Timelines for Renewing and Maintaining Your Intellectual Property

The process of filing for and receiving trademark, copyright, or patent protection for your intellectual property can be time-consuming, but the process doesn’t end there. Protecting your innovation takes time and must be maintained by fulfilling certain standards and maintenance.

The process looks different depending on the type of protection you file for and your long-term intentions. We are going to specifically dive into the standards that apply to renewing and maintaining trademarks, copyrights, and patents.

Maintaining a trademark

We recently touched on this when looking at the ways you can lose a trademark over time. The trademark process can be more arduous than others because the standards require you to prove use or apply for acceptable “nonuse” of the mark you received protection on.

There are benchmarks throughout the life of a trademark where you must apply for an extension and prove use:

  • 5-6 years after filing: Section 8 Declaration which states you are either actively using the trademark in commerce or have a permitted exemption for non-use.
  • 9-10 years after filing: Section 8 and Section 9 Declaration. A Section 9 Declaration is an application to maintain your trademark going forward.
  • Every 10 years after: Section 8 and 9 Declaration.

Maintaining a copyright

The copyright process plays out in a much more straightforward manner. You won’t need to be aware of as many deadlines as you would with trademarks. The timeline depends on when your work was created, published, and/or registered along with who created the work.

For work created on or after January 1, 1978, individual work protection lasts 70 years after the author’s death. When more than one individual contributed to the work, the protection lasts 70 years after the death of the longest-living contributor. If the work is done for hire or work done anonymously/under a pseudonym, then the protection generally lasts for 95 years from publication or 120 years after creation (whichever is shorter).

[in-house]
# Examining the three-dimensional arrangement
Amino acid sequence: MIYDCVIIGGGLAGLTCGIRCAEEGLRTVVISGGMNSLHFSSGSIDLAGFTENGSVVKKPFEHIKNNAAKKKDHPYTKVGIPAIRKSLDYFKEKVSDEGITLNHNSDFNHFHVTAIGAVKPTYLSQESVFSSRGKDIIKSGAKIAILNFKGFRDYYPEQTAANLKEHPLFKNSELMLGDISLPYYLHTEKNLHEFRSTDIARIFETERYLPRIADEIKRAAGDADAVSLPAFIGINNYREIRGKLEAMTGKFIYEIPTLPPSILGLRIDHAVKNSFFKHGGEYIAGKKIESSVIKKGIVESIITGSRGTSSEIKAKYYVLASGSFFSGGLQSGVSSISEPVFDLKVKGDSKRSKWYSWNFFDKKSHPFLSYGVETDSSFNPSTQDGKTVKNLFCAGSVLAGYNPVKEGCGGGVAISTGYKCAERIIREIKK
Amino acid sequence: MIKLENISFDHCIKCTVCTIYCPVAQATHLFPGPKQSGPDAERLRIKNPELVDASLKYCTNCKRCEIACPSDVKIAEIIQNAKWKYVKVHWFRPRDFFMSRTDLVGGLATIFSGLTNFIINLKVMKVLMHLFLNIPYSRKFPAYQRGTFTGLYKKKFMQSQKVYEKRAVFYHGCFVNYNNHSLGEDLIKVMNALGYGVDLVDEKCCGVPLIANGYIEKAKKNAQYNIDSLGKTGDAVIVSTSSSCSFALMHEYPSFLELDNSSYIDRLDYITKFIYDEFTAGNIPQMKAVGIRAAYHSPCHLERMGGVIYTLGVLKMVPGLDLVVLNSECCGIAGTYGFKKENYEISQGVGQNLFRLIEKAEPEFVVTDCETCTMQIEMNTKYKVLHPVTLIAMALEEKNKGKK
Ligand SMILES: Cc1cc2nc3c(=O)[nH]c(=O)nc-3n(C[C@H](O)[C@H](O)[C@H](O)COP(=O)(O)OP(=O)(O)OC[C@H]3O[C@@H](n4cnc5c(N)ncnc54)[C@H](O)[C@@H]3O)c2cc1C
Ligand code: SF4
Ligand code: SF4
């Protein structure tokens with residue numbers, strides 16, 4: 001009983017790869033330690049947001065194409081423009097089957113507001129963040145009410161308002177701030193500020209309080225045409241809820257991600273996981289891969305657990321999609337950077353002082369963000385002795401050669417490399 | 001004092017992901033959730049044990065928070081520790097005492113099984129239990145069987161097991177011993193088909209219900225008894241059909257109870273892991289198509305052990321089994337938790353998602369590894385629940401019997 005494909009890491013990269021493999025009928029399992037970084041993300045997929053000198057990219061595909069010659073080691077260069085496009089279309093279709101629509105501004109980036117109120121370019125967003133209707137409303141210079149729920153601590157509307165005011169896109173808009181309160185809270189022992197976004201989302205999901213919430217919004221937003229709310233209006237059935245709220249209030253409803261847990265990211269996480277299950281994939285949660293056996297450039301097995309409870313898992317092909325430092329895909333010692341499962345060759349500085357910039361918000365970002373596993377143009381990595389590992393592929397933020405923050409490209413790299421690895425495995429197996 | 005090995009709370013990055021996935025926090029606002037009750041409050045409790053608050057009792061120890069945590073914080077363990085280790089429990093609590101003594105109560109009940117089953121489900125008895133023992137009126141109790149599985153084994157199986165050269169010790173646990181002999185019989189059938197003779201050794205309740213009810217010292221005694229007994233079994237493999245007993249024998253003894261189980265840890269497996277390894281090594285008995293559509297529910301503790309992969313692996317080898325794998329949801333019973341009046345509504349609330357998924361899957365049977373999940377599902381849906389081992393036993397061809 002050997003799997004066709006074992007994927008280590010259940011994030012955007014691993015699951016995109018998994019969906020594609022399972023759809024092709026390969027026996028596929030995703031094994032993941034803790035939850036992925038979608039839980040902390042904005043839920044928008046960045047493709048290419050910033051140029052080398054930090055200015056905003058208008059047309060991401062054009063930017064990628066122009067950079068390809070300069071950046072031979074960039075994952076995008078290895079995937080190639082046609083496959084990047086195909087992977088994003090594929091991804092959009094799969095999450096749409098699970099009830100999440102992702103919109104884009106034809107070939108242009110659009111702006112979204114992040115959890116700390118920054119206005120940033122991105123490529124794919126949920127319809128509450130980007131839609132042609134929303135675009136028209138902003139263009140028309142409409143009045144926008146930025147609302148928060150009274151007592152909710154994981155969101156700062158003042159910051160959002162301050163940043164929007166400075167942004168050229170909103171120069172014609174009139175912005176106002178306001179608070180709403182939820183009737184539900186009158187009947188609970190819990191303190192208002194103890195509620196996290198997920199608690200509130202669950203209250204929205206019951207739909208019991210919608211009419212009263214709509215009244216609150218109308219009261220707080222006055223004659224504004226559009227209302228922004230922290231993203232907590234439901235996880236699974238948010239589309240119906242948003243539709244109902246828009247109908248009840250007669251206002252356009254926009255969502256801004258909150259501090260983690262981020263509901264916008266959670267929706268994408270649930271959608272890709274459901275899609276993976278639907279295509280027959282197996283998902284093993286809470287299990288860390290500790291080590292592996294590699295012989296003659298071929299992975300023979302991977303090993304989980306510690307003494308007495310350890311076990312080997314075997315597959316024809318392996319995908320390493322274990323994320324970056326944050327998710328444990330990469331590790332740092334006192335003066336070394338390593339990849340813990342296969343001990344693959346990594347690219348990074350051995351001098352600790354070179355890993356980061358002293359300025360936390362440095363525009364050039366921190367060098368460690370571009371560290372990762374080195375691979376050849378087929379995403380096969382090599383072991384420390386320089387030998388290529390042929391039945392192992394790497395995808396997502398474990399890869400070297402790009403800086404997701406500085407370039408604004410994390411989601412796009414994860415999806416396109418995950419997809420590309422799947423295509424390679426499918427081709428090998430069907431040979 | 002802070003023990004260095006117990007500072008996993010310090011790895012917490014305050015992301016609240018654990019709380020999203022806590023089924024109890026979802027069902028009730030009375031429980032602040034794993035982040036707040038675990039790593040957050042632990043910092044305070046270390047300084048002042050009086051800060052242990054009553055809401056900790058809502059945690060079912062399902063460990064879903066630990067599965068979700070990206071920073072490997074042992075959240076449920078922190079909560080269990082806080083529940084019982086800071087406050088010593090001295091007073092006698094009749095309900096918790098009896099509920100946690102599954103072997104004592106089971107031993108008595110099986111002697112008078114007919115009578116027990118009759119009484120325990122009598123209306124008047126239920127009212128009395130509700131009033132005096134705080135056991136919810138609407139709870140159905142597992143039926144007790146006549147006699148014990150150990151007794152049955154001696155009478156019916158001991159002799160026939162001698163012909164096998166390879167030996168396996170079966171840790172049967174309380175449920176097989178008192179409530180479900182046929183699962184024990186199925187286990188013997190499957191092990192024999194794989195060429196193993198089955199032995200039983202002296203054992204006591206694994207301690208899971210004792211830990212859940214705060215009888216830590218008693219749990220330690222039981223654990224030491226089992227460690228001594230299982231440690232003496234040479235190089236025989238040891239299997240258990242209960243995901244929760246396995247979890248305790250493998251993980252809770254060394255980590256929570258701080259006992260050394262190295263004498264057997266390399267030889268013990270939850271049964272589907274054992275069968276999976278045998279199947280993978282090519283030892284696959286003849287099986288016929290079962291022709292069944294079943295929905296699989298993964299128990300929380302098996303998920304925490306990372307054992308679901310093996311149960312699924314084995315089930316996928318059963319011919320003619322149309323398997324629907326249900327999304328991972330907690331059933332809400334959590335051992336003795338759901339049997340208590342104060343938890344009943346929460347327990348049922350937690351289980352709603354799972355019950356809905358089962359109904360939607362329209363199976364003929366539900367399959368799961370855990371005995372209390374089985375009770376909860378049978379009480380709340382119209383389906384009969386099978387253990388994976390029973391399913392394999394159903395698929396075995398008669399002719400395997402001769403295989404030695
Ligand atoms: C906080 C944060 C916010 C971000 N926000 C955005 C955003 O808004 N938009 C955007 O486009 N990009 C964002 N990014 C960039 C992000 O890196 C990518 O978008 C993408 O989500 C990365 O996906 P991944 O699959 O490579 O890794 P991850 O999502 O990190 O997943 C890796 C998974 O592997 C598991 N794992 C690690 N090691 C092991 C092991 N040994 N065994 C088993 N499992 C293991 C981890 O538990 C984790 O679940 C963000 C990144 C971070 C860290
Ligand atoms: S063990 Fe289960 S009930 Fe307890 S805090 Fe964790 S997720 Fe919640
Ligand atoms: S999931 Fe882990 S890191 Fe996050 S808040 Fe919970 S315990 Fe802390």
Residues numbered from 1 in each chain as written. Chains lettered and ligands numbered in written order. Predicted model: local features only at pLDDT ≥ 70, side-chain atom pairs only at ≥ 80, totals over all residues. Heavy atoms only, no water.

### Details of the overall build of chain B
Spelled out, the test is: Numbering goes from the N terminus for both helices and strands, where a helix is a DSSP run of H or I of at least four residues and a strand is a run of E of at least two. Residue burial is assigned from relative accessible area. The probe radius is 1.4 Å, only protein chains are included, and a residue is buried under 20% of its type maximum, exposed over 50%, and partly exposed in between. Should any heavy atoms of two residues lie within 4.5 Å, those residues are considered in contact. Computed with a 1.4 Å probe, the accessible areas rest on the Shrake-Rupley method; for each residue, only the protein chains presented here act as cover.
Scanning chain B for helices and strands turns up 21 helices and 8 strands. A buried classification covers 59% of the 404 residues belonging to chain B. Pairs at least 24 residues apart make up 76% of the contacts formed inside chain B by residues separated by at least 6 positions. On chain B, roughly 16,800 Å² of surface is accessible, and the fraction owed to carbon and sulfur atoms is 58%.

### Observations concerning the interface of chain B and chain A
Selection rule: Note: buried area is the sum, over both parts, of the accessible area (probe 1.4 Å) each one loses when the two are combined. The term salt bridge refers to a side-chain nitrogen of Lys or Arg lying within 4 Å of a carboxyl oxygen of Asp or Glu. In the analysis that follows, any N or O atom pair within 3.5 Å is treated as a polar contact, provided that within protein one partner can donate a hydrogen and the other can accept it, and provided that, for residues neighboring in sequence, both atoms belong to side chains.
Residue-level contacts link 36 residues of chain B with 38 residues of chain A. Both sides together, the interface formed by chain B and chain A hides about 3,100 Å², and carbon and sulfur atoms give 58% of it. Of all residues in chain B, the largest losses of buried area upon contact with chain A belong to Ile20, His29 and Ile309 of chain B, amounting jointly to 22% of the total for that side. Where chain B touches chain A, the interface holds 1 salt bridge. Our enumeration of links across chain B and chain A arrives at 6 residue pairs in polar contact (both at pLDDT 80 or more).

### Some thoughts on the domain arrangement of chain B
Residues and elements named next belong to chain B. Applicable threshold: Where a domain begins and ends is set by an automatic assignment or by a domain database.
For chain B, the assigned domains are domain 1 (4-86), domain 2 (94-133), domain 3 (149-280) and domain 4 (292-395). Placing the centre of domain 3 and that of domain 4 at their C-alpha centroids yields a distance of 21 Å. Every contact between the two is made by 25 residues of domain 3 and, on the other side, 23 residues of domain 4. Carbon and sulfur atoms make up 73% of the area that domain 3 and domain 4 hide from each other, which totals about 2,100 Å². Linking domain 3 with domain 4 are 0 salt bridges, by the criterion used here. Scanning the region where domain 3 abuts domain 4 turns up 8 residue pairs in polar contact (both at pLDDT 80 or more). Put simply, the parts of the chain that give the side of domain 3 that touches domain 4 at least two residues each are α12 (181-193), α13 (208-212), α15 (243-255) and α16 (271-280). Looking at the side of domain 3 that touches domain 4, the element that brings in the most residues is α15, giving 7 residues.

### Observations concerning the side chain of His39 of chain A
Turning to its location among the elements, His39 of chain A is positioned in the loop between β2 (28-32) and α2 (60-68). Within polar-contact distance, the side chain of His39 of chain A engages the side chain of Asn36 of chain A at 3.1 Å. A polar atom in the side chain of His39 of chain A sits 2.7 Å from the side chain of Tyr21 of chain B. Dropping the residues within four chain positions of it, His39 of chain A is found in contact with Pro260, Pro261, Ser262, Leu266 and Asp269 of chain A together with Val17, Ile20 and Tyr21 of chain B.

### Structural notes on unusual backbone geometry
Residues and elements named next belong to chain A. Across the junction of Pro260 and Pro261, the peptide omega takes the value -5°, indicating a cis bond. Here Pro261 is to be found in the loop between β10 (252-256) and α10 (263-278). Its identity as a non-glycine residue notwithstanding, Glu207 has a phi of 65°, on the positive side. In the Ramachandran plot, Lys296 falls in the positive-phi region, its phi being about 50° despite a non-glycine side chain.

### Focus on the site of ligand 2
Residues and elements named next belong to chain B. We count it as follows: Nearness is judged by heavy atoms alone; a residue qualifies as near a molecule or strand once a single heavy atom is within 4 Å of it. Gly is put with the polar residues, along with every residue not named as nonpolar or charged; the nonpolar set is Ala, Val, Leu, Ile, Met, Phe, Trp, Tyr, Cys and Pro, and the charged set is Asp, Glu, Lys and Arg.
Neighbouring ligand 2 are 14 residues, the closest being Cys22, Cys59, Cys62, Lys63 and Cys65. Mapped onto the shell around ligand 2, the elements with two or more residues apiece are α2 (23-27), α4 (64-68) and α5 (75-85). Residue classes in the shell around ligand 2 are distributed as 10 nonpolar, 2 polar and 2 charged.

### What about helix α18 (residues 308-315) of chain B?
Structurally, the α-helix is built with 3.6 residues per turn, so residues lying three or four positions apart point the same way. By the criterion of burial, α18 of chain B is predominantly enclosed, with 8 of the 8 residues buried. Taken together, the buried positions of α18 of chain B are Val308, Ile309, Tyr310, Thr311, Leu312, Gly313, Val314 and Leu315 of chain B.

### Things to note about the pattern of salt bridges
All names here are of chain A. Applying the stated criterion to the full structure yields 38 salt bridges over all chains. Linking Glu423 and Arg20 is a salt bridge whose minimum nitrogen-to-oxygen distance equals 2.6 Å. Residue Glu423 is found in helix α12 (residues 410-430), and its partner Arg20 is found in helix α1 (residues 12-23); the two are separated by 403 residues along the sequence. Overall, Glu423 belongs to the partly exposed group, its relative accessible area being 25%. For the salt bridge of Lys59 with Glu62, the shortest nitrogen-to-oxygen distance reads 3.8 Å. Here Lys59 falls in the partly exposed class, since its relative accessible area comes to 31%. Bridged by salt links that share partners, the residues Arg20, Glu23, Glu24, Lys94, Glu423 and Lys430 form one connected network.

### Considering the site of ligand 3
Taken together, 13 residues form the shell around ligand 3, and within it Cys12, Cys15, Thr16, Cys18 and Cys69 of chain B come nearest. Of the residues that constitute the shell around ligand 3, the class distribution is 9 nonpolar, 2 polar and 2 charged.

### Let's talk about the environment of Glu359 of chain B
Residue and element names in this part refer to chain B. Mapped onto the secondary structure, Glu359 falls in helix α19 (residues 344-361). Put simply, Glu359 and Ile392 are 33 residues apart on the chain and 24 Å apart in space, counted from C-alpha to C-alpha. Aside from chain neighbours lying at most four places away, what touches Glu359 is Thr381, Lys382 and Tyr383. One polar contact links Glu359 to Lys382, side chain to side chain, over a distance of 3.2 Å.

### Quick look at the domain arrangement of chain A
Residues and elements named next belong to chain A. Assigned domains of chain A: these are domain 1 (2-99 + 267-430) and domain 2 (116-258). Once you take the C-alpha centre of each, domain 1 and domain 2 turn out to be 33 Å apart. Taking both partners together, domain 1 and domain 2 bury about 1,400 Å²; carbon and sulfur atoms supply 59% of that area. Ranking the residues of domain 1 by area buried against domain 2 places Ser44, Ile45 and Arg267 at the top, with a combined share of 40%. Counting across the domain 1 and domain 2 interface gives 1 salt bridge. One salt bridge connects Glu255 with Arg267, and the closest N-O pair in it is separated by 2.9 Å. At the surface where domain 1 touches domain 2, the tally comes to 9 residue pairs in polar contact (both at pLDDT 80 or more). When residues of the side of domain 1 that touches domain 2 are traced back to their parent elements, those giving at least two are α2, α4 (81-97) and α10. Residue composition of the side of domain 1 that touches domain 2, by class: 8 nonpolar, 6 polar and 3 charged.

For works created BEFORE January 1, 1978, the parameters are far different. The 1909 Copyright Act applies in these cases, and the act (along with subsequent legal extensions) provides protection at the time of the first publication of the work and extends for 47 years with renewability for an additional 48 years after that (for a total of 95 years).

If the work was created but not published or registered by January 1, 1978, the copyright lasts for 70 years after the author’s death.

Once any of the above dates are met, the copyright can be extended or released into the public domain. Because many of the dates are based upon the death of the creator, it would be up to the creator’s estate to apply for an extension or not. Once the work is in the public domain, the work can be used without the permission of the author or the author’s estate.

Large corporations like Disney have frequently pushed lawmakers to extend timelines and have been successful in doing so over time. It’s possible these timelines will change so it’s important to work with an intellectual property attorney to stay up-to-date.

Maintaining a patent

Patent maintenance is more similar to trademarks than copyrights, but the patent owner does not have to prove active use of the work that is patented. The type of patent will dictate the timeline.

A utility patent will generally be granted for 20 years from the date a patent application is properly filed. Throughout the course of the 20 years of a utility patent, however, the patent owner will be responsible for paying maintenance fees. Those fees are scheduled four, eight, and 12 years after the patent application is filed.

If a maintenance fee is not paid on time, there is a six-month grace period in which the fee can still be paid before the patent enters the public domain. If the fee is paid during this period, the patent is maintained, but if the fee is not paid then the original patent owner will need to pay additional fees along with the maintenance fee to return it to their portfolio.

Design patents filed on or after May 13, 2015, have a 15-year term while those filed before that date have a 14-year period.

Unlike the other protections, patents are not permitted to be extended beyond the initially granted period unless the patent is “improved upon.” This means a change would need to make the patent different from the initial work in order for an extension to apply.

If you want to protect your innovation, McDermott IP Law is your choice for all your intellectual property needs. Contact us today to get your hard work protected.

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